On the whole this essay is 8th grade silliness: “…cut our scholarly teeth on the endless reliving of this kind of encounter…”? I hate to tell you, honey, but those are teeth of an entirely different sort.

    The most interesting thing about this piece is to find out we are actually allowed to use the word “queer”. Where I come from it would be impolite to call someone queer unless you meant “weird” – but even then you would refrain in order to potentially avoid sending the wrong message. Now I hear people saying “nigger” all the time but I am still under the impression that one should NOT say that.

    One wishes the fraternity of victims could produce a style guide on an annual basis letting the rest of us know how they would like to be identified for the succeeding 52 weeks.

  • Eric Rasmusen

    I’ve slapped together a web page to collect links on the Christakis affair:
    Please tell your professors in fields other than American Studies to sign on to the open letter supporting the Christakises, which they can still do at
    The number of signers has gone up by 80% plus since it was first reported in the media.
    —Eric Rasmusen, Branford ’80, M.A. ’80

  • Eric Rasmusen

    “Tacitly assumed are the innocence of costumed play and the receptivity of the offender to a critique of their sartorial display.”

    What abominable writing! She really means:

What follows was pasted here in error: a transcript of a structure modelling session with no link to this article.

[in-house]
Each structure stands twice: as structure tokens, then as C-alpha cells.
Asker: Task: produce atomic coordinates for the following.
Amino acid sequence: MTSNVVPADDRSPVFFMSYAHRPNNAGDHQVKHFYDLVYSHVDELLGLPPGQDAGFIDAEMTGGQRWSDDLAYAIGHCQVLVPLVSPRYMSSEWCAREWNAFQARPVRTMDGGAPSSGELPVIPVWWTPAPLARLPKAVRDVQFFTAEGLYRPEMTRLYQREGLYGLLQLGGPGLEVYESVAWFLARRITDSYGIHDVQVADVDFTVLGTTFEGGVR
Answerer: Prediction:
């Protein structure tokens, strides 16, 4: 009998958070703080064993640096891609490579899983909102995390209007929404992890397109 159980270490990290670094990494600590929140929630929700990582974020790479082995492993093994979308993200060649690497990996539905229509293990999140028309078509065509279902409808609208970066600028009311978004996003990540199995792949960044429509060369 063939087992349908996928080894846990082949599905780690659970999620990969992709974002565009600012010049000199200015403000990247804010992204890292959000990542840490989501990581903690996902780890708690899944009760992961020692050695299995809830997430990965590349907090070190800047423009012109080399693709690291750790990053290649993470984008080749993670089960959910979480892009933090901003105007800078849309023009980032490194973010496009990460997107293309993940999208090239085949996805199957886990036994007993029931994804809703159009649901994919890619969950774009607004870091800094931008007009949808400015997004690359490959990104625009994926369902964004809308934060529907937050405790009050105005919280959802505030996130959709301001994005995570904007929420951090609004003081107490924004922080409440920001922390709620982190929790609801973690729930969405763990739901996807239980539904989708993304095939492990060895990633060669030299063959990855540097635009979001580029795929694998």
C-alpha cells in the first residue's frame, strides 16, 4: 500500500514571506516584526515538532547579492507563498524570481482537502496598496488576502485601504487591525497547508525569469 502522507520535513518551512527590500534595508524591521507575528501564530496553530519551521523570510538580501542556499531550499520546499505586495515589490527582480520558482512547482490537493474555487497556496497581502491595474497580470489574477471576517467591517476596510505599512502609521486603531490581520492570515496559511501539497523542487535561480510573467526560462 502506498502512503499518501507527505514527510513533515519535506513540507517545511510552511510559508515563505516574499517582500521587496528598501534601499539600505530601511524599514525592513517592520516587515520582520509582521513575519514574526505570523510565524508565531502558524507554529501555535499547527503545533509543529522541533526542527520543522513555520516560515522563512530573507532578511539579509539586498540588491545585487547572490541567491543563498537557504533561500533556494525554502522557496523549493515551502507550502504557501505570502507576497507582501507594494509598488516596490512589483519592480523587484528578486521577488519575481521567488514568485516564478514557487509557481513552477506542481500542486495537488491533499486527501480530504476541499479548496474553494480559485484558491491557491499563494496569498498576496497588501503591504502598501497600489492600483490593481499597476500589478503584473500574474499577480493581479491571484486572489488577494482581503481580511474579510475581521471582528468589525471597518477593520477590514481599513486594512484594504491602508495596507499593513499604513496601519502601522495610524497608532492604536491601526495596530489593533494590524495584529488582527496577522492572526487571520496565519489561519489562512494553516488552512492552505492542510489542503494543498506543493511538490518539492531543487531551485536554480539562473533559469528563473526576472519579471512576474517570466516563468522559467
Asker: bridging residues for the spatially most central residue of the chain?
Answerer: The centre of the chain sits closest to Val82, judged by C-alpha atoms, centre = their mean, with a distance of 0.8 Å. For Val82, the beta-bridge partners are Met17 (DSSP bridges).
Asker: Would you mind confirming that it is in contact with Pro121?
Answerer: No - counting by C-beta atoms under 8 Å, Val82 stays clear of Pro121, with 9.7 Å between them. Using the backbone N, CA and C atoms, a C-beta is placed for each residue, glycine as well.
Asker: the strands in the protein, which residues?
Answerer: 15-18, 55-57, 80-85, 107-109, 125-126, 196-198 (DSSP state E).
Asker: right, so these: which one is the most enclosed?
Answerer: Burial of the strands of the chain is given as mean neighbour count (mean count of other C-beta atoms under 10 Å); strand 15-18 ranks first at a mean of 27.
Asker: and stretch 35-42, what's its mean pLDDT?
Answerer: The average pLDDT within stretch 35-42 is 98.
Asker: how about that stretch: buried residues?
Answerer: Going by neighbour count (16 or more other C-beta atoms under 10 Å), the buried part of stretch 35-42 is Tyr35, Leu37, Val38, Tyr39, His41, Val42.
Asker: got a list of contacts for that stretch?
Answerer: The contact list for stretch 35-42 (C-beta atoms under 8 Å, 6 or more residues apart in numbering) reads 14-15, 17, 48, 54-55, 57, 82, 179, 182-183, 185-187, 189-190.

“They think costumes are innocent play, and someone who causes offense will respond to criticism.”

    Let’s go back to basics. Use the active voice, not the passive, unless you have a good reason. Use anglo-saxon short and simple words if you can get your meaning across with them, not latinate long and fancy words. Cut out words that aren’t doing work. Someone give this lady a copy of Strunk and White before she writes again!

    Eric Rasmusen, Branford ’80

  • Phil Ostrand

    Ms Dudley assumes negative intent by anyone who happens to offend her. She assumes that they are racist. That they intend to do active harm, and that you cannot negotiate or talk with them. Ms Dudley makes the mistake of a child, not an adult. Emotionally she has obviously not gotten over her childhood and still has issues to work through.

    Ms Dudley, to you and the other protesters on campus I would recommend this. Assume positive intent. Assume that people are not racist, but things that you find offensive should be pointed out to them in a constructive manner. Rather than a student f bombing a professor, tell that person how their actions make you feel, and how you perceive them to be demeaning.

    It is called being an adult. Maybe you should set the example, rather than pouring gasoline into the fire.